Book Review: A Widow's Story - A Memoir

By Peter Wells

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A Widow's Story - A Memoir by Joyce Carol Oates
HarperCollins $39.99

Cover of A Widow's Story - A Memoir by Joyce Carol Oates. Photo / Supplied
Cover of A Widow's Story - A Memoir by Joyce Carol Oates. Photo / Supplied

When anyone precious dies, most people attempt to keep their memory alive. This can be done by using their name a lot. Valuing the things they once touched. Or even wore. (I once heard of a man who took to wearing his dead wife's clothes to the local bowling club. His friends were understanding.) Grief makes people mad, or curiously sane.

Joyce Carol Oates faces widowhood in this memoir. Her husband Ray dies suddenly, through a form of medical incompetence. Oates, with the sensibility of a startled racehorse, is bolting through a landscape struck with lightning. She never stops.

I have always liked Oates' writing. It is vivid, emotional and never lacks punch. Even in person she is Gothic - tall and thin, like a twisted pine tree. This book is the chronicle of her grief. In many ways it is a good read. This is because she brings to the narrative her own formidable skills as a writer. But in many other ways, she is like any ordinary individual unbalanced by a horrible surprise.

She and Ray had no children. They appeared to live relatively isolated from their respective families. Both lived in a lively intellectual milieu. But what Oates experiences is a kind of terrifying freefall. And even the most ordinary defences are taken away from her. (She asks a nurse to recommend a funeral parlour within hours of her husband's death. The nurse recommends the Yellow Pages.) She is as impractical as a turtle turned on its back. But her writer's mind, over-vivid, self-consumed, agonising, registers every nuance.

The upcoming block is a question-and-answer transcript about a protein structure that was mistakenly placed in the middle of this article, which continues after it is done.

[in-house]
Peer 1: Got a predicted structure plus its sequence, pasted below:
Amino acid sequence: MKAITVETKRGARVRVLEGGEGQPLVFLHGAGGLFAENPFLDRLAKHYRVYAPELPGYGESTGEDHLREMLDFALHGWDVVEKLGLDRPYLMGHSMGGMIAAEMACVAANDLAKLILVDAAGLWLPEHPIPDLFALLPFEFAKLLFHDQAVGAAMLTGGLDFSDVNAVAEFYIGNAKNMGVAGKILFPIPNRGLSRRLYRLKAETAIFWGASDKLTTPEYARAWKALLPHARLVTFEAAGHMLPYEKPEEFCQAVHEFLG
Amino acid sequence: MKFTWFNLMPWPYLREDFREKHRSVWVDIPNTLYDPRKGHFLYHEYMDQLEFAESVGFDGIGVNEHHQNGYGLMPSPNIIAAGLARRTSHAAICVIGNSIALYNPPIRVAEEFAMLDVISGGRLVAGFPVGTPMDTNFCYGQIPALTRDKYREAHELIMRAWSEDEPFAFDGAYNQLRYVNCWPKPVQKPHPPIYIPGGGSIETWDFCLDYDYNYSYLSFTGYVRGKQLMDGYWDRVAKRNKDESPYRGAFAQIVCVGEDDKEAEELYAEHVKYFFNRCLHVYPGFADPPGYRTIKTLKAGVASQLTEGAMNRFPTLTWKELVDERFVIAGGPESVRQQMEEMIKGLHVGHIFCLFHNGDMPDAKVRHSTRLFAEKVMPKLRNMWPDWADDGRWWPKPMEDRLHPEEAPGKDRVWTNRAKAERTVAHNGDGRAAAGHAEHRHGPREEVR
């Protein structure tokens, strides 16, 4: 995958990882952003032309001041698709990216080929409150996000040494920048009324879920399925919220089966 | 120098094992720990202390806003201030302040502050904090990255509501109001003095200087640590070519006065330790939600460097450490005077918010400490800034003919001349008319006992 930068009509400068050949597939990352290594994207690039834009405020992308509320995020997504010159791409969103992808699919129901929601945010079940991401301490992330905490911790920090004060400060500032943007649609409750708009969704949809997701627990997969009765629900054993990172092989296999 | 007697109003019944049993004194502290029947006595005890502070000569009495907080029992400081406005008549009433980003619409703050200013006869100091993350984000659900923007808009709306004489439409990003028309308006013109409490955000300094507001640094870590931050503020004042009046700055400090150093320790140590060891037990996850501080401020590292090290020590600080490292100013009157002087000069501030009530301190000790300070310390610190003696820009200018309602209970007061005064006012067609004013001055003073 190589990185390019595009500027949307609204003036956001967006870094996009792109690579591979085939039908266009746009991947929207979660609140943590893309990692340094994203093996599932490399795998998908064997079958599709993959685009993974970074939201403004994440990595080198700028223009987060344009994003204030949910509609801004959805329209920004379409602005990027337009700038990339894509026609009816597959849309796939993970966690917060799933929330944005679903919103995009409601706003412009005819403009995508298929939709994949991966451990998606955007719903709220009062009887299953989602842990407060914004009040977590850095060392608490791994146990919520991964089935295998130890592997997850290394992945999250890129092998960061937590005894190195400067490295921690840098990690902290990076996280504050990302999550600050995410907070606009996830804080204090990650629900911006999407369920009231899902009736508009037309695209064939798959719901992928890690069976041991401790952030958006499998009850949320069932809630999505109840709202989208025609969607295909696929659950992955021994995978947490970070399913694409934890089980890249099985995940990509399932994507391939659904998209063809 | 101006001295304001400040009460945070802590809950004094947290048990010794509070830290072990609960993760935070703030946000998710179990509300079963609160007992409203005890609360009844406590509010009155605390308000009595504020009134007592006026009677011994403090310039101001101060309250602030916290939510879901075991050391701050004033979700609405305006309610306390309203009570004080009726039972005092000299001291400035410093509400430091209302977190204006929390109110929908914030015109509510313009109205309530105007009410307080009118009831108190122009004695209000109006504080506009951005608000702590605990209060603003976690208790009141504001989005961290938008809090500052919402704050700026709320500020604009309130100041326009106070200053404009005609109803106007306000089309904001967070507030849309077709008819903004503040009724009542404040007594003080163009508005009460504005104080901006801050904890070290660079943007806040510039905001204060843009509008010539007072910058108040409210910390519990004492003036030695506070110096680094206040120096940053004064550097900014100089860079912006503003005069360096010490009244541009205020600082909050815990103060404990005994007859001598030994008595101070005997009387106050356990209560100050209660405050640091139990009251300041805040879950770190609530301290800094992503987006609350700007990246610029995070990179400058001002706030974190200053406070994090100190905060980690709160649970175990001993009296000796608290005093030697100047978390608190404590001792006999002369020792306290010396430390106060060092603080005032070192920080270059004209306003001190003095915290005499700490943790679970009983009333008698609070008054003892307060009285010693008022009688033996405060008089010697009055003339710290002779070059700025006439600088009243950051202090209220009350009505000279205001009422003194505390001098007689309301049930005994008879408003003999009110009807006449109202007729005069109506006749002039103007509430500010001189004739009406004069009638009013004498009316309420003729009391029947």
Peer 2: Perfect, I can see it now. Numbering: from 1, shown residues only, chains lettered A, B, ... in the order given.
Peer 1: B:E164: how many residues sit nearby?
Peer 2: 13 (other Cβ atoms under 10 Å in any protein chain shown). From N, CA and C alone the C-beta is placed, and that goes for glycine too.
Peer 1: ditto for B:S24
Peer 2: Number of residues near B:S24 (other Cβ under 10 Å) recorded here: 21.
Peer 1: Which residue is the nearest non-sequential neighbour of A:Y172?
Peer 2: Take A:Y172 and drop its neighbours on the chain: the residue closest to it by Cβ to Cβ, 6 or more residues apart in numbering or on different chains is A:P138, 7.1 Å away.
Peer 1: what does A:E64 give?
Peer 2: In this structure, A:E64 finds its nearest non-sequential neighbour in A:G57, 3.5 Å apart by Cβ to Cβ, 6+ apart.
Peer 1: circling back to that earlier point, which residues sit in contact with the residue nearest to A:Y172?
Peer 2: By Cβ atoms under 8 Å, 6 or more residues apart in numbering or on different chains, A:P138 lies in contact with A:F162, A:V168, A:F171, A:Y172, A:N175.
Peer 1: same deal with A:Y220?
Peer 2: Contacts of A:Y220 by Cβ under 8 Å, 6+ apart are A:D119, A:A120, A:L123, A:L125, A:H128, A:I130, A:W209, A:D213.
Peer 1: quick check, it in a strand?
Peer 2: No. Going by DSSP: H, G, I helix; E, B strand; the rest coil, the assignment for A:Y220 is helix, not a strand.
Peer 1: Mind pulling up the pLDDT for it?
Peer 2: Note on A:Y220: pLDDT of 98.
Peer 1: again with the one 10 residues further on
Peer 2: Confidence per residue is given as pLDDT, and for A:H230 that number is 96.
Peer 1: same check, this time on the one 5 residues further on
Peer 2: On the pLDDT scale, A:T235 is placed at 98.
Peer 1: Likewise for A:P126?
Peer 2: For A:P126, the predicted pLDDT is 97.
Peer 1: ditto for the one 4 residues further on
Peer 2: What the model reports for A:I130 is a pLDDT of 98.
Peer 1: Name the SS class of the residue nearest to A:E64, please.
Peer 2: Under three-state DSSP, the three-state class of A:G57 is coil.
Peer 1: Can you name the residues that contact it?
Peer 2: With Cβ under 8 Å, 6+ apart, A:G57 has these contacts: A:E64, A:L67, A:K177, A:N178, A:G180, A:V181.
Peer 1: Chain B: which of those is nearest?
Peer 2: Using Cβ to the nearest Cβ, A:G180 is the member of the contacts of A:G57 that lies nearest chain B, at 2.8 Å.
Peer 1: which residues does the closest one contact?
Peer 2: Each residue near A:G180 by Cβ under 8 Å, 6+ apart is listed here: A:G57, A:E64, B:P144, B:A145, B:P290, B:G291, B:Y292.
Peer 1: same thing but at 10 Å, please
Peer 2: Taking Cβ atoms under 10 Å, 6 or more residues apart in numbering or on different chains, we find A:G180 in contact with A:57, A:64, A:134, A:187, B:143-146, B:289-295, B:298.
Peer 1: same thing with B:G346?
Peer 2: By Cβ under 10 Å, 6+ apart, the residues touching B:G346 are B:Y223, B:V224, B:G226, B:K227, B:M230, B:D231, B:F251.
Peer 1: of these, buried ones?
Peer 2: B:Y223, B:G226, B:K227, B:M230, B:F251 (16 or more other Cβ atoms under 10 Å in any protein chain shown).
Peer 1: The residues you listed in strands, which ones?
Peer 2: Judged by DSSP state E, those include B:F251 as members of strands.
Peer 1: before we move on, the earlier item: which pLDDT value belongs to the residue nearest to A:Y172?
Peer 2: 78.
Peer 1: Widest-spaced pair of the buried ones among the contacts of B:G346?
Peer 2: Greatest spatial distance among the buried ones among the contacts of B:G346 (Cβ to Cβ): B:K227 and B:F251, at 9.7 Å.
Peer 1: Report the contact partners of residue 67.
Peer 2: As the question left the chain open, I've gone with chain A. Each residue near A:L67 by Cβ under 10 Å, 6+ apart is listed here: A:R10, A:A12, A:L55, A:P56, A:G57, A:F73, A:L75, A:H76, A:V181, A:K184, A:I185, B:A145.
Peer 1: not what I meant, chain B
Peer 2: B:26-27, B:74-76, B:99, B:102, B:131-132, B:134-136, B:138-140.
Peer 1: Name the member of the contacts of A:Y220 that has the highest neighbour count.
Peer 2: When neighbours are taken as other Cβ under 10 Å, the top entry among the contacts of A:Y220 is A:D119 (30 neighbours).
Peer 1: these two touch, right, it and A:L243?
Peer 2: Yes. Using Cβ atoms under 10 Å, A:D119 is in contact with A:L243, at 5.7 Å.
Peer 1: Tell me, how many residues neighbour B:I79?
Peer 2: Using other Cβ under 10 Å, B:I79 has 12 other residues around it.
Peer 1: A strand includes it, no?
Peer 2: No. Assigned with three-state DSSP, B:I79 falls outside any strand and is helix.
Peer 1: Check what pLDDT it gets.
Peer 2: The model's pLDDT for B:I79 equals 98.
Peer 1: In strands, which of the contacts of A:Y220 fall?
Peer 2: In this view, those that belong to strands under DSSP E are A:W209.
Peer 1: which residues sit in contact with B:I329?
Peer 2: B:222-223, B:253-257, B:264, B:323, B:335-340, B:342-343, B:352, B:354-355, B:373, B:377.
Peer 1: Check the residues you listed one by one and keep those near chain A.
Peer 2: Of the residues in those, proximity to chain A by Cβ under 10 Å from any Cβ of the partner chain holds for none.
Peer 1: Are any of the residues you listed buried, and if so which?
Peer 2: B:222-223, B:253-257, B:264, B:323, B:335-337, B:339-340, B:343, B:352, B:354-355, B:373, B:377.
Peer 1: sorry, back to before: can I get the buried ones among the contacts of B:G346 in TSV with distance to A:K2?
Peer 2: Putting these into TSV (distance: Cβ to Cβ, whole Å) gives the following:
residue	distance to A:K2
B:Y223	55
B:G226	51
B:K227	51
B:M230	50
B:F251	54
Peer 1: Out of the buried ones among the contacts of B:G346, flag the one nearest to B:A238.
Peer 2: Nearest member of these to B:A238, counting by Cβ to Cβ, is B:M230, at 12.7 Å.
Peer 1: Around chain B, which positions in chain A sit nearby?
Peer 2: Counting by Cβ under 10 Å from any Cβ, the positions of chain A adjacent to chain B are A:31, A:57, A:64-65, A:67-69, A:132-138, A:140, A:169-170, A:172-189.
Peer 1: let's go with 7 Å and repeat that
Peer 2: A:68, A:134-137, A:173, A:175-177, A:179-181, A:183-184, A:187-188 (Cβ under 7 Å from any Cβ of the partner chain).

The book, given all this, is curiously readable, which is probably due to Oates' novelistic skills. She is, after all, the author (as she tells us) of a staggering 115 books, including 55 novels. One can be too prolific. In some ways she needed to write this book a little later in her grief process. It seems to have been started within days of her husband's death. There is no recollection in tranquillity and I have to admit, by page 227, I began to suffer grief fatigue. (There were almost another 200 pages to go.) But I finished the book. I felt I had to accompany her to the end.

Tennyson once wrote, "Let love grasp grief, lest both be drowned." I thought this memoir was like a threshing of someone desperately trying to fight her way to the surface, all the time carrying a burden beyond words, beyond logic.

The story is well told, over-vivid, at times claustrophobic but always true. My final comment is that Ray her husband seems strangely absent. I had little real idea of what he was like as a human, an individual. It was almost as if he wasn't there. Which, I guess, was the point of the whole book.

Peter Wells is a Hawkes Bay-based writer.

- NZ Herald

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